debacle

[dey-bah-kuhl, -bak-uhl, duh-]
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noun
  1. a general breakup or dispersion; sudden downfall or rout: The revolution ended in a debacle.
  2. a complete collapse or failure.
  3. a breaking up of ice in a river.Compare embacle.
  4. a violent rush of waters or ice.

Origin of debacle

1795–1805; < French débâcle, derivative of débâcler to unbar, clear, equivalent to dé- dis-1 + bâcler to bar ≪ Latin baculum stick, rod

Synonyms for debacle

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Dictionary.com Unabridged Based on the Random House Unabridged Dictionary, © Random House, Inc. 2018


Examples from the Web for debacle

Contemporary Examples of debacle

Historical Examples of debacle

  • The next subject upon which I thought I might tackle him was the “Debacle.”

  • The debacle of Russia was ever before the eyes of these nations.

  • Some place in that debacle there lay his own responsibility.

    Dangerous Days

    Mary Roberts Rinehart

  • How long would it be before we reached this stage of debacle?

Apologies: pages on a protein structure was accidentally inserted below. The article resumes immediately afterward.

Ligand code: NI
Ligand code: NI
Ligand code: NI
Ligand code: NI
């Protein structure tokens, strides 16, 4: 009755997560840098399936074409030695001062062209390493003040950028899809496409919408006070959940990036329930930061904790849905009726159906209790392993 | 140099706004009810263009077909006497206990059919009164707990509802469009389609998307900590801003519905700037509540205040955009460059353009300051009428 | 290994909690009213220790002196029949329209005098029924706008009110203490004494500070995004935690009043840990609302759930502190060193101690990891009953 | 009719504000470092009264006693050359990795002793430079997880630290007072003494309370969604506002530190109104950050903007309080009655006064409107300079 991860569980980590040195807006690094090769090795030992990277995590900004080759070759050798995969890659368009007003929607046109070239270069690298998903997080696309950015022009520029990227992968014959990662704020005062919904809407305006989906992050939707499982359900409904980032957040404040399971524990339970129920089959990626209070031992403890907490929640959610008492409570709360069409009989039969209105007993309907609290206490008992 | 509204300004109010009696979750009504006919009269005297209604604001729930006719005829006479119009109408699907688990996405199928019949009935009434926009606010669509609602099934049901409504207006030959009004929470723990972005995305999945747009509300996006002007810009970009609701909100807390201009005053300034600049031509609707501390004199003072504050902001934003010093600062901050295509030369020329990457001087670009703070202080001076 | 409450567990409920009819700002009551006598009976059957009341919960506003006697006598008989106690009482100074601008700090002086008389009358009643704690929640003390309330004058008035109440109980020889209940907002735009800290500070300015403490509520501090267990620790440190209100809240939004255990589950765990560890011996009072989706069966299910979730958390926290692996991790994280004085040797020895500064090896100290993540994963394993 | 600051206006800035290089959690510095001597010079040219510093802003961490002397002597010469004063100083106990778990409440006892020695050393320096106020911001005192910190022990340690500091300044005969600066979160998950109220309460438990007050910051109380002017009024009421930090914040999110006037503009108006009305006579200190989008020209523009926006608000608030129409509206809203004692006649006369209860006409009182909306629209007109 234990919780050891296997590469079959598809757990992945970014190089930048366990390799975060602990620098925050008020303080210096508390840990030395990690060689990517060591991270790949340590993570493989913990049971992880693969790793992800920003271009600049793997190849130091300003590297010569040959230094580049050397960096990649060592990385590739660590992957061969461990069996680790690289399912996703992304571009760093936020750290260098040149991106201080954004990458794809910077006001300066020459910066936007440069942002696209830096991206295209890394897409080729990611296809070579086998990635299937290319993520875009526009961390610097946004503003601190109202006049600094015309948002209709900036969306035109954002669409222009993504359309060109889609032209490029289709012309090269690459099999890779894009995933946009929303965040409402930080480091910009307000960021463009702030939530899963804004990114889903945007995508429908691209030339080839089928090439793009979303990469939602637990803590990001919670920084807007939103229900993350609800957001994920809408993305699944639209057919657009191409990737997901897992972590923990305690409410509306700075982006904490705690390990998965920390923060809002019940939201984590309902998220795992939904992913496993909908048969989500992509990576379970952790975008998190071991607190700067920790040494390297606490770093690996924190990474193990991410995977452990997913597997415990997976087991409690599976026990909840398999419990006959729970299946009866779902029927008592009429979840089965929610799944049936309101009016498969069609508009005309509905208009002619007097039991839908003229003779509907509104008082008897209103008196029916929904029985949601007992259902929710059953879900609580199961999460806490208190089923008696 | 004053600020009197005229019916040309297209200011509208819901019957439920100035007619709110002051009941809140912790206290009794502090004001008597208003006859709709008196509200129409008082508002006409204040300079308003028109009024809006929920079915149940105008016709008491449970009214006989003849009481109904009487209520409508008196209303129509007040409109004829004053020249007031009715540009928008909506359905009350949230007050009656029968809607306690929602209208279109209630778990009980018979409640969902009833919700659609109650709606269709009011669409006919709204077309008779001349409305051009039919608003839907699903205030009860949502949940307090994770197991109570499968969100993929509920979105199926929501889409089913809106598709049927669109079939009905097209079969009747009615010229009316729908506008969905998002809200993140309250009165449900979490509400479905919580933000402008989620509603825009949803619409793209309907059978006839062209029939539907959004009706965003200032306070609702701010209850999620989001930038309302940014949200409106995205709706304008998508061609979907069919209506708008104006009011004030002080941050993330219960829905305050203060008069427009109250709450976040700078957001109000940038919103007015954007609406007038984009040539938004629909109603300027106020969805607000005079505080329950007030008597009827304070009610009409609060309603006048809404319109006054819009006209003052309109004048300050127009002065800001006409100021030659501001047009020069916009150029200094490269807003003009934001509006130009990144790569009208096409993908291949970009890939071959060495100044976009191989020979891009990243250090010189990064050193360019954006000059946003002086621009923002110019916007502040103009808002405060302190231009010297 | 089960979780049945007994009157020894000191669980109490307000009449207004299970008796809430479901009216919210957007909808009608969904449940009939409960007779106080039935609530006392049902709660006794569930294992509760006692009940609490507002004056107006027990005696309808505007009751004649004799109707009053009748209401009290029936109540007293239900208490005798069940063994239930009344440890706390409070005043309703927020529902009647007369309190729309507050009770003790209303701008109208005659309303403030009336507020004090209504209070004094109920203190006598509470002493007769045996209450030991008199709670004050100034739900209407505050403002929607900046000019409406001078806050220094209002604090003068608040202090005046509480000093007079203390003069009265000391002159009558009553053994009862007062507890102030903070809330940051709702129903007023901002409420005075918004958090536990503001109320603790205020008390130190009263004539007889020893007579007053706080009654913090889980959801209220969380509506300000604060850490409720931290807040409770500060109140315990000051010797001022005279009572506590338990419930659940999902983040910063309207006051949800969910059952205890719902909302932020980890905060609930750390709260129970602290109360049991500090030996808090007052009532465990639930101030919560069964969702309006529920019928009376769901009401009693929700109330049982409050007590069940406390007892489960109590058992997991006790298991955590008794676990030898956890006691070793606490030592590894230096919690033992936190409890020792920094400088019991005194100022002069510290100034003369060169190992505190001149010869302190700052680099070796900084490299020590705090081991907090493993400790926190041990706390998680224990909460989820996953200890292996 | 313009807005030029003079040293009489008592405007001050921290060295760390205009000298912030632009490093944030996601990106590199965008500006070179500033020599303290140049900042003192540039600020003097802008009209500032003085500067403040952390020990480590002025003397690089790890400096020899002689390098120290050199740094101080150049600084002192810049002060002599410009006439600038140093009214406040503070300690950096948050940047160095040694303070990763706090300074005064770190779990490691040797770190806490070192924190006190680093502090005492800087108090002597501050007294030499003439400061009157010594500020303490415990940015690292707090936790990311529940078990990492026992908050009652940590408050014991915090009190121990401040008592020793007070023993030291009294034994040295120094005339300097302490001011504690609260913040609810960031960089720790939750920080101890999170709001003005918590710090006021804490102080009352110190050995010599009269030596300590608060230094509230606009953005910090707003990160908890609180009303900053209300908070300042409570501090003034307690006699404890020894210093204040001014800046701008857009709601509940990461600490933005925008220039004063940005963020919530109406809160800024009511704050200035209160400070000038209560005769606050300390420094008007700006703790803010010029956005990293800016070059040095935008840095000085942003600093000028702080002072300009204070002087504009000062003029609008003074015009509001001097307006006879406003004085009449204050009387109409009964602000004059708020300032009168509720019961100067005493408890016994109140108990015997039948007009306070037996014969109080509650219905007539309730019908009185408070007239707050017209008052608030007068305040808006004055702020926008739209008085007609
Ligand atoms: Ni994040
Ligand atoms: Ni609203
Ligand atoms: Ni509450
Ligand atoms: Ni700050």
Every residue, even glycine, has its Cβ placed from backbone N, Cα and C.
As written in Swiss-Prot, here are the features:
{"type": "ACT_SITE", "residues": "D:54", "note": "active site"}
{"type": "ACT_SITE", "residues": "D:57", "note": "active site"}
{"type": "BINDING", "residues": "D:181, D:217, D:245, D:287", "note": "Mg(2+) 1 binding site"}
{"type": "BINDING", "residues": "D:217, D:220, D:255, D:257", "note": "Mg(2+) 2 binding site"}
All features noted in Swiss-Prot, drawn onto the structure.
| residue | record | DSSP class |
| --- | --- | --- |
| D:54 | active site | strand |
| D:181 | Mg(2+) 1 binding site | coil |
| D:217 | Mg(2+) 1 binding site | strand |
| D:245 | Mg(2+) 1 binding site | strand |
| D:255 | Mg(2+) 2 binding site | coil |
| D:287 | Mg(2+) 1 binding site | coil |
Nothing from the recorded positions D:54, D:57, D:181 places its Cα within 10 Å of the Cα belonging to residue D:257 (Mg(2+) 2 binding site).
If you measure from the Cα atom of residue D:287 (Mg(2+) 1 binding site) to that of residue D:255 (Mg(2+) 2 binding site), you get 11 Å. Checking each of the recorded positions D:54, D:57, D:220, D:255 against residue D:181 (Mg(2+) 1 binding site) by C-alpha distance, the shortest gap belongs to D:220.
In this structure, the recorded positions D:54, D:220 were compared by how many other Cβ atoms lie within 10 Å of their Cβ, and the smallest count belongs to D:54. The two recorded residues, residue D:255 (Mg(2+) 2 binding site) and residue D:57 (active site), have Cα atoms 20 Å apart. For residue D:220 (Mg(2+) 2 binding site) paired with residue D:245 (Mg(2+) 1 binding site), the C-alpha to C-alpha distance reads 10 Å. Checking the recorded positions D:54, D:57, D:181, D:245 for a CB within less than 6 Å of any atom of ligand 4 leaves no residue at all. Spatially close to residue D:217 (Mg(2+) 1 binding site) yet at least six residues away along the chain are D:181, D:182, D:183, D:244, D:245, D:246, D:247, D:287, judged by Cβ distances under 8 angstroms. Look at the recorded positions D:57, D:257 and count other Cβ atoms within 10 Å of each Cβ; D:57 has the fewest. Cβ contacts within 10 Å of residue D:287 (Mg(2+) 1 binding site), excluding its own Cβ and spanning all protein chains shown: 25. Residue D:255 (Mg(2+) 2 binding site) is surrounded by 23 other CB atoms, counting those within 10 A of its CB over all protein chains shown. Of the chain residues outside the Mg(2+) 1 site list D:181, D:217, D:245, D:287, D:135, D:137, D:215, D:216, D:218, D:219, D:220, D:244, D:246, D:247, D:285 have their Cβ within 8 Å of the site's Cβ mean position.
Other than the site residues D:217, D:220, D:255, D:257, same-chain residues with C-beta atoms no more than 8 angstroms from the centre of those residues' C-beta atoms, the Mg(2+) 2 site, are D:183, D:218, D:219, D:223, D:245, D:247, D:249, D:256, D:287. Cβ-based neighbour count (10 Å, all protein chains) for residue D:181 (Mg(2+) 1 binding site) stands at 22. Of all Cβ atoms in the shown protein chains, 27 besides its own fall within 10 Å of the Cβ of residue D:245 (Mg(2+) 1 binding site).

Our Elizabeth

    Florence A. Kilpatrick

  • That was one way of putting it, but both Joe and the newscaster who had covered the debacle knew the reality of the situation.

    Mercenary

    Dallas McCord Reynolds


British Dictionary definitions for debacle

debacle

noun
  1. a sudden disastrous collapse or defeat, esp one involving a disorderly retreat; rout
  2. the breaking up of ice in a river during spring or summer, often causing flooding
  3. a violent rush of water carrying along debris

Word Origin for debacle

C19: from French débâcle, from Old French desbacler to unbolt, ultimately from Latin baculum rod, staff
Collins English Dictionary - Complete & Unabridged 2012 Digital Edition © William Collins Sons & Co. Ltd. 1979, 1986 © HarperCollins Publishers 1998, 2000, 2003, 2005, 2006, 2007, 2009, 2012

Word Origin and History for debacle
n.

"disaster," 1848, from French débâcle "downfall, collapse, disaster" (17c.), a figurative use, literally "breaking up (of ice on a river)," extended to the violent flood that follows when the river ice melts in spring; from débâcler "to free," from Middle French desbacler "to unbar," from des- "off" + bacler "to bar," from Vulgar Latin *bacculare, from Latin baculum "stick" (see bacillus). Sense of "disaster" was present in French before English borrowed the word.

Online Etymology Dictionary, © 2010 Douglas Harper